Why the Balkans Still Need NATO

Peacekeeping is working, and political reforms are beginning. Without the alliance's troops, the fragile stability could shatter

By Stan Crock

Ever since centuries-old bloodshed in the Balkans provided the spark that ignited World War I, foreign-policy analysts have been pessimistic about the prospects for peace in the area. When the U.S. agreed in 1995 to send troops there, many predicted the worst: hundreds of soldiers would come home in body bags. Similarly, when the U.S. sent peacekeepers to Kosovo in 1999, it was conventional wisdom that the Kosovo Liberation Army would avenge Serbian ethnic cleansing -- with peacekeepers potentially caught in the crossfire.

So what happened? Very little -- not a single U.S. combat casualty so far. The body bags have been kept in storage. In fact, the casualty rate is lower than for troops training in the U.S., according to Ivo Daalder, a Balkans expert at the Brookings Institution and a former National Security Council aide. And the reenlistment rate for Balkan-based troops is the highest in the Army. That provides a lesson for America about the risks and rewards of being a Global Supercop.

While Slobodan Milosevic unleashed "ethnic cleansing" in Kosovo in the late '90s, Bosnia was peaceful. The reasons can be summed up with four Ws: weariness, weather, weapons, and wealth -- or at least the whiff of prosperity. By the time the warring factions in Bosnia, Croatia, and Serbia signed the Dayton accords, they were exhausted by the fighting and the atrocities. It didn't hurt that the Serbs, the aggressors in Kosovo, were on the defensive, having lost ground they had gained during the conflict.


  The harsh Balkan winters also helped. The weather had the benefit of preventing the Serbian antagonists from continuing to wage war and enabled NATO forces to set up operations without interference. Their weapons meant they could outgun anyone who challenged them.

The Americans brought along not just firepower, but also a taste for French fries and fried chicken. The hope for a better life and Western prosperity, which only peace could bring, was a key factor in persuading the adversaries to keep their powder dry.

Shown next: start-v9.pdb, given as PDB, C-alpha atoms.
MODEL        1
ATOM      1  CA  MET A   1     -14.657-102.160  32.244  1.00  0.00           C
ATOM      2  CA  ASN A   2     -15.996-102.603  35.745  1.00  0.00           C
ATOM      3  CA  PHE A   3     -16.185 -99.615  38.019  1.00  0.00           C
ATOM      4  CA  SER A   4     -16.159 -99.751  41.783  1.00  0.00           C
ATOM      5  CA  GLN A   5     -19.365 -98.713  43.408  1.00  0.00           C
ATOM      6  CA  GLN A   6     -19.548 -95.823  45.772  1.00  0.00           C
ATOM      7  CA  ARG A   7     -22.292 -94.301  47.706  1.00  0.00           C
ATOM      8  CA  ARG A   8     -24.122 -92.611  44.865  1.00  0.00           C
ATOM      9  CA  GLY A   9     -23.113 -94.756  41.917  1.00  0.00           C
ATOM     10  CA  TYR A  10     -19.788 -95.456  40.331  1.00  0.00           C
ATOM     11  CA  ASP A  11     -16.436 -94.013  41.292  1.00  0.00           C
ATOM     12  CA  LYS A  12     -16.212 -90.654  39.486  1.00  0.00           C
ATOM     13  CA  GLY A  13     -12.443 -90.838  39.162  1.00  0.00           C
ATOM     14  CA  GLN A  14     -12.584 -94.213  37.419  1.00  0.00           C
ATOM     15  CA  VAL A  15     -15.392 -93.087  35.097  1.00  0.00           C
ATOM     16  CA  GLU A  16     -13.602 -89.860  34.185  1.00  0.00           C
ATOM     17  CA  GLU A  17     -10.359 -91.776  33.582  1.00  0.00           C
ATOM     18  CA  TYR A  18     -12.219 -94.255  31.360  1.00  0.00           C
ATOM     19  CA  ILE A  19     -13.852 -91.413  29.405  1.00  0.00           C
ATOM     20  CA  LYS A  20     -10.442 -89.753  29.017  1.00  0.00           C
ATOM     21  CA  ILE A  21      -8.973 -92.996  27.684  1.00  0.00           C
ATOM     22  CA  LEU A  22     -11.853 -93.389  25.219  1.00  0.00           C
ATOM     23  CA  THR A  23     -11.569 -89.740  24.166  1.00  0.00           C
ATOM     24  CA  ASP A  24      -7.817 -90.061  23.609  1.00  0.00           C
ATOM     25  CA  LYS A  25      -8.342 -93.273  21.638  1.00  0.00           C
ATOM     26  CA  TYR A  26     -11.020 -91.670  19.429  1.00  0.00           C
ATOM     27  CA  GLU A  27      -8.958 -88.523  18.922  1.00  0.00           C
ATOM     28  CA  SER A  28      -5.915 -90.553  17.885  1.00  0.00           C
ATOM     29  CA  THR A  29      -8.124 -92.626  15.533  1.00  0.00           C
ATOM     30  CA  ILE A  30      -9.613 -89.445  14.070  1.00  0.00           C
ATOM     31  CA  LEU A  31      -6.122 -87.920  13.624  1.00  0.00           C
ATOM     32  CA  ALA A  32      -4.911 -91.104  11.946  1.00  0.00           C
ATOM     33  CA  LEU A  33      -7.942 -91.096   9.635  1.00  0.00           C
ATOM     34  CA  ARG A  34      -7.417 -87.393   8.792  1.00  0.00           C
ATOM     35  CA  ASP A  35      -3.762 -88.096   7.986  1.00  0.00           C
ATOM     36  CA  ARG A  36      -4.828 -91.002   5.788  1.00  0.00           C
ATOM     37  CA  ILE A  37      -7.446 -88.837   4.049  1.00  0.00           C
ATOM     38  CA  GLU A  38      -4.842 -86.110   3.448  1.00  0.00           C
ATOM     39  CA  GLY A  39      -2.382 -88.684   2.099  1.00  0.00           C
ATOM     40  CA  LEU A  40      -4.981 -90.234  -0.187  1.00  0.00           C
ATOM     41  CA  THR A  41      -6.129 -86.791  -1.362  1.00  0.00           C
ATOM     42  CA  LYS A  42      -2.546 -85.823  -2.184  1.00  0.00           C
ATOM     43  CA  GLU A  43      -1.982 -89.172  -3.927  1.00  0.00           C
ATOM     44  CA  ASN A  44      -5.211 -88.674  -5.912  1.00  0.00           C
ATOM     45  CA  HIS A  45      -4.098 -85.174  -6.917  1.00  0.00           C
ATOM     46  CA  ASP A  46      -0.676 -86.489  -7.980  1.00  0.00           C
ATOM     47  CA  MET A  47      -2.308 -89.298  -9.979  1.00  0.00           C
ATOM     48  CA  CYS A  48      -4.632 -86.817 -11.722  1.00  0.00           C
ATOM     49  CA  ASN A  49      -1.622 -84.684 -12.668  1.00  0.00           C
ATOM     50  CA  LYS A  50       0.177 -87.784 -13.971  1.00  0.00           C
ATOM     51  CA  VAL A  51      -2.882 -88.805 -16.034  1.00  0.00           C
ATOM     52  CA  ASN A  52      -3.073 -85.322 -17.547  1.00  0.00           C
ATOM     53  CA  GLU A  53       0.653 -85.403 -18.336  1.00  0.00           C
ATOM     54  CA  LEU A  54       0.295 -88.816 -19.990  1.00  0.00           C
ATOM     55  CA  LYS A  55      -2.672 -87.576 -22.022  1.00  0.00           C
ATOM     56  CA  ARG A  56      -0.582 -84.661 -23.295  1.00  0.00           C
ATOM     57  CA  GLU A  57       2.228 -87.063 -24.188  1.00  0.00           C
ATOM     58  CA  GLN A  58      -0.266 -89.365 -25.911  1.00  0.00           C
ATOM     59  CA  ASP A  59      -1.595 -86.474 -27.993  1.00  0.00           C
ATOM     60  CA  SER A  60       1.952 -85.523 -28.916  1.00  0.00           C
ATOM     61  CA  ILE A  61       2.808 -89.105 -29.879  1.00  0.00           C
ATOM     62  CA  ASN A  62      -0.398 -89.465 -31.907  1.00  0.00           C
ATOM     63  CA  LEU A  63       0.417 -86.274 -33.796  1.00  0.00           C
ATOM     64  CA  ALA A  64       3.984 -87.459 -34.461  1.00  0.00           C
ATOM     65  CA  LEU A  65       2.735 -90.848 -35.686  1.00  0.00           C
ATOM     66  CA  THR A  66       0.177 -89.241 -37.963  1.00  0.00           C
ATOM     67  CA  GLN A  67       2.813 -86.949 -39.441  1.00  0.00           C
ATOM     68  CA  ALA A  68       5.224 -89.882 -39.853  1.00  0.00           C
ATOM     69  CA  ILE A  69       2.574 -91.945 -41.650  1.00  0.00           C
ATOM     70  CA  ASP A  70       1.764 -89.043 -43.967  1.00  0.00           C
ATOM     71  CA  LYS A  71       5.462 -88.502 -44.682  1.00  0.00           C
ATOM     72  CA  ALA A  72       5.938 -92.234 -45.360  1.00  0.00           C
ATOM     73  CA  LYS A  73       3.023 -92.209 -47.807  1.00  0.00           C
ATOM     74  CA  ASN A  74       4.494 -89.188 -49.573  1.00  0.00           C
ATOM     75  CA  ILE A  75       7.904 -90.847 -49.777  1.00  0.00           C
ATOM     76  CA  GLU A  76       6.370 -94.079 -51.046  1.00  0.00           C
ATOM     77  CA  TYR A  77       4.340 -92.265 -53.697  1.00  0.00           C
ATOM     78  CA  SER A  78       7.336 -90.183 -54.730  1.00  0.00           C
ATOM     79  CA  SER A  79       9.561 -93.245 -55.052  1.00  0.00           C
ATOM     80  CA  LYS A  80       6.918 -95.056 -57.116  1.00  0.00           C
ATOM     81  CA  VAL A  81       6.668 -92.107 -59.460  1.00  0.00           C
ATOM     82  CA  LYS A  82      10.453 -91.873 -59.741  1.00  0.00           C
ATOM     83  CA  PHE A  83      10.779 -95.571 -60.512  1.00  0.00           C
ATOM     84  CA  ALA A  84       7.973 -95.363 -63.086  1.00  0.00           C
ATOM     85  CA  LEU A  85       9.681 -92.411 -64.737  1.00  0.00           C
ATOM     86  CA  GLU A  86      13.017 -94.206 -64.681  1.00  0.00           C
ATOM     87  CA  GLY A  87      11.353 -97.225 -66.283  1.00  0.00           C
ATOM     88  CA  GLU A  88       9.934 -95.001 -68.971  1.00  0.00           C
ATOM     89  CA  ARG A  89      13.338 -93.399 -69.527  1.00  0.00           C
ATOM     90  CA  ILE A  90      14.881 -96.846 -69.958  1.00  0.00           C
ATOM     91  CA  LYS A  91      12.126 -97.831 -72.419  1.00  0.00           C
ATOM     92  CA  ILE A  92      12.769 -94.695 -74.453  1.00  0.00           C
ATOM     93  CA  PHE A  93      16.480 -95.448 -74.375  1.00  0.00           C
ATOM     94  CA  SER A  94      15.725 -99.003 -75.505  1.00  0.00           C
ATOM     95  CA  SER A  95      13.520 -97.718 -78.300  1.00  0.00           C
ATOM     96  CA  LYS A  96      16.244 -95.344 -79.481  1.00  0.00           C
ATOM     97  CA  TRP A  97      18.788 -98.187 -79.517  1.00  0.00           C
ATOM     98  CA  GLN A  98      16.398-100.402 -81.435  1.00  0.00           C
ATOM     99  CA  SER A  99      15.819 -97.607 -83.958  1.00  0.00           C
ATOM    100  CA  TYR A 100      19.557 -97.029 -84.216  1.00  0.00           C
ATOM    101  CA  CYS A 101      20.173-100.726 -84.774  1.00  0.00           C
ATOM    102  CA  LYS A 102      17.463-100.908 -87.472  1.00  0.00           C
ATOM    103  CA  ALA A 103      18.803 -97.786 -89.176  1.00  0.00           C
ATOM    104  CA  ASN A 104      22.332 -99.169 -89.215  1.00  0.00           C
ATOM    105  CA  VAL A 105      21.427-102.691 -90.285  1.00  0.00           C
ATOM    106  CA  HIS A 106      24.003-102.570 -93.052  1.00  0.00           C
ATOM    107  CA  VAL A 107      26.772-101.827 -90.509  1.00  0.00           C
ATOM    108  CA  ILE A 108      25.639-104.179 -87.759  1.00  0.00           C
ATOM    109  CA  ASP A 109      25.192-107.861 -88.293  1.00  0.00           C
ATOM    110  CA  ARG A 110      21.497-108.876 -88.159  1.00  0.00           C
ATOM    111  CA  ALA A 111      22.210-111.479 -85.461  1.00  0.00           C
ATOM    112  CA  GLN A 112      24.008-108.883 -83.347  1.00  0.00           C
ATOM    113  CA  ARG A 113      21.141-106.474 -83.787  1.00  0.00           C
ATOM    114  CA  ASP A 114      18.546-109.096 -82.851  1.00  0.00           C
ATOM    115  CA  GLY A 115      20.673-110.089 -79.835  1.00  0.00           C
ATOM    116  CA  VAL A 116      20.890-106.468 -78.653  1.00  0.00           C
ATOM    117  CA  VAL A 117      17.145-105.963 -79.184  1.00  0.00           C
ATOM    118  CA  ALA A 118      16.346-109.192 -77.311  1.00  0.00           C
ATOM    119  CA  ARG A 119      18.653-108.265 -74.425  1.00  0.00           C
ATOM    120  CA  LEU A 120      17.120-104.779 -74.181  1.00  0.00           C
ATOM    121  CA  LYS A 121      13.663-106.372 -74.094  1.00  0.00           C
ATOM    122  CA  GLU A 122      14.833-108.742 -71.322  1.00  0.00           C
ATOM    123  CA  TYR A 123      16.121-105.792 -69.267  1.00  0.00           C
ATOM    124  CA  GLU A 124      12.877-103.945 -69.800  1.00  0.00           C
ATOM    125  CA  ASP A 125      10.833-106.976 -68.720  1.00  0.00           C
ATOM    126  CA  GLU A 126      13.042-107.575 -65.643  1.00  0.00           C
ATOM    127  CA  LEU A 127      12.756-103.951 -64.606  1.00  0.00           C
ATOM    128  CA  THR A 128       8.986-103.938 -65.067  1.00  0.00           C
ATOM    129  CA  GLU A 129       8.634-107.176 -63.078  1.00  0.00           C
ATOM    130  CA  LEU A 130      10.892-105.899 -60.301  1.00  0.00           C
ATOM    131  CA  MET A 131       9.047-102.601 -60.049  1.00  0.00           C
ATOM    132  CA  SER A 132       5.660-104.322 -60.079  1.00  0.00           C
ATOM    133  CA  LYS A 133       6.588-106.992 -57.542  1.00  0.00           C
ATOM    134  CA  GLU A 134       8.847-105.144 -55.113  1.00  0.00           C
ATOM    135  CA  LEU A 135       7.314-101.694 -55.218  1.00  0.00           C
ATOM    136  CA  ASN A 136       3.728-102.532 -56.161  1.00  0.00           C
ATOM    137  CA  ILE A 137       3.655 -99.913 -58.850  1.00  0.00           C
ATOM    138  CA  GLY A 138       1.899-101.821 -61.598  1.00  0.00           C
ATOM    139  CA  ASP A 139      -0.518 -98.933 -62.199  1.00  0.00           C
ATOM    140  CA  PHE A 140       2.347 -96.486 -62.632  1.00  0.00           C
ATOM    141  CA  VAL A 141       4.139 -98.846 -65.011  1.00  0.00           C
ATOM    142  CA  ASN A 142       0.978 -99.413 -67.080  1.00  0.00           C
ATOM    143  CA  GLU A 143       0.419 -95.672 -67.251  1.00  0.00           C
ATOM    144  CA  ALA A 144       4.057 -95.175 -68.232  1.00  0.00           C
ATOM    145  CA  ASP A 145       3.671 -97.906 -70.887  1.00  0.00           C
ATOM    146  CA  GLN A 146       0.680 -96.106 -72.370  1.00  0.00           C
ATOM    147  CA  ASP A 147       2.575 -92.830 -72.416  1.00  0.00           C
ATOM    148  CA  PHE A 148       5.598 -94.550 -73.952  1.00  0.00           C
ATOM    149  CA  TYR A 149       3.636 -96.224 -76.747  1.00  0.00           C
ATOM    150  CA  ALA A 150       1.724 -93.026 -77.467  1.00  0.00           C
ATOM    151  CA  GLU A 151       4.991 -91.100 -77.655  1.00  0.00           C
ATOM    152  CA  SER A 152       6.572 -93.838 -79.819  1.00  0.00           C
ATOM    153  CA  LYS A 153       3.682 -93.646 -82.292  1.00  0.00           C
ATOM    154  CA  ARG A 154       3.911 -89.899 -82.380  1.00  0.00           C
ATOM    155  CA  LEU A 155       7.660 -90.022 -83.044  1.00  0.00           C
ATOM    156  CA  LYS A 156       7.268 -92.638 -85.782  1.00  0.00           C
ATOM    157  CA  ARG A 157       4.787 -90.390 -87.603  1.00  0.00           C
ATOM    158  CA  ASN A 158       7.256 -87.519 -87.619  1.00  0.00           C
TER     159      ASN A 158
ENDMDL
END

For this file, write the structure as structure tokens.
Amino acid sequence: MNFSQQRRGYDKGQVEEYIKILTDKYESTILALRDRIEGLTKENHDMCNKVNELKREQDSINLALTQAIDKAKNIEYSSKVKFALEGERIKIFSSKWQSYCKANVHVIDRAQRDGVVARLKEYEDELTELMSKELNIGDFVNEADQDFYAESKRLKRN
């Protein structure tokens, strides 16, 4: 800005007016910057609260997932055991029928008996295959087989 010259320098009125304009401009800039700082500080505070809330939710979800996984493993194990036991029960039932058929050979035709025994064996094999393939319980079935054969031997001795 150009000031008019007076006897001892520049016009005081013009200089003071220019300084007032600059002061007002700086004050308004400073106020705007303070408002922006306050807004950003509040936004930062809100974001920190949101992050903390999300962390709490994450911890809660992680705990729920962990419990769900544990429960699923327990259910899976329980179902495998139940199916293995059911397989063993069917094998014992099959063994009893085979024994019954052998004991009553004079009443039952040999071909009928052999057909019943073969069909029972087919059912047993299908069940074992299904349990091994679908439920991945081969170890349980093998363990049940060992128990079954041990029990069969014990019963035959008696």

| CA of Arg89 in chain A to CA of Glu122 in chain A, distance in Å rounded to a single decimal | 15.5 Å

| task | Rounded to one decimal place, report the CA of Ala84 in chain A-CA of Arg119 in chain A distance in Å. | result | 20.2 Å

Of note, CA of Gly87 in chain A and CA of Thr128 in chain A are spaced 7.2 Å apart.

Recently, the news has been even better. Yugoslavian voters ousted Milosevic, the cause of such grief and tragedy in the region. And Croatians got fed up with their nationalist leader, Franjo Tudjman, and sent his party packing. While Milosevic's replacement, Vojislav Kostunica, may not be particularly pro-American, he's a vast improvement. In Bosnia and Herzegovina, recent elections gave a non-nationalist coalition control of the lower house of Parliament. And the Cabinet in the Bosnian Serb Republika Srpska isn't expected to have a member of alleged war criminal Radovan Karadzic's SDS party.


  Meanwhile in Kosovo, while some violence continues, the skirmishes are few and far between, according to Senator Joseph Biden (D-Del.), the ranking minority member of the Senate Foreign Relations Committee who recently returned from a trip to the Balkans. He notes that the three leading Kosovar Albanian politicians -- Ibrahim Rugova, Hashim Thaci, and Ramush Haradinaj -- all have called for an end to attacks on Serbs living in Kosovo.

To be sure, much remains to be done. An economic-stabilization package for the region is needed. Endemic corruption must end. Government officials in Belgrade need to iron out their relationships with Montenegro and Kosovo. The alternative is almost unthinkable: A breakup of the Federal Republic of Yugoslavia could be disastrous, igniting more warfare.

What must be remembered, however, is that the presence of American and NATO forces has been critical for the progress to date -- and can lay the foundation for future advances. As President Bush mulls what to do about the continued presence of GIs in the region, he needs to review what has happened so far, especially given the all the experts' pessimism. "It would be a disaster if the U.S. were to pull its troops out of Kosovo or Bosnia," says Biden. Yes, it costs NATO millions to keep troops in the Balkans. But peace is a lot cheaper than war.

Crock covers national security and foreign affairs for BusinessWeek from Washington. Follow his views twice a month, only on BW Online

Edited by Douglas Harbrecht

Before it's here, it's on the Bloomberg Terminal.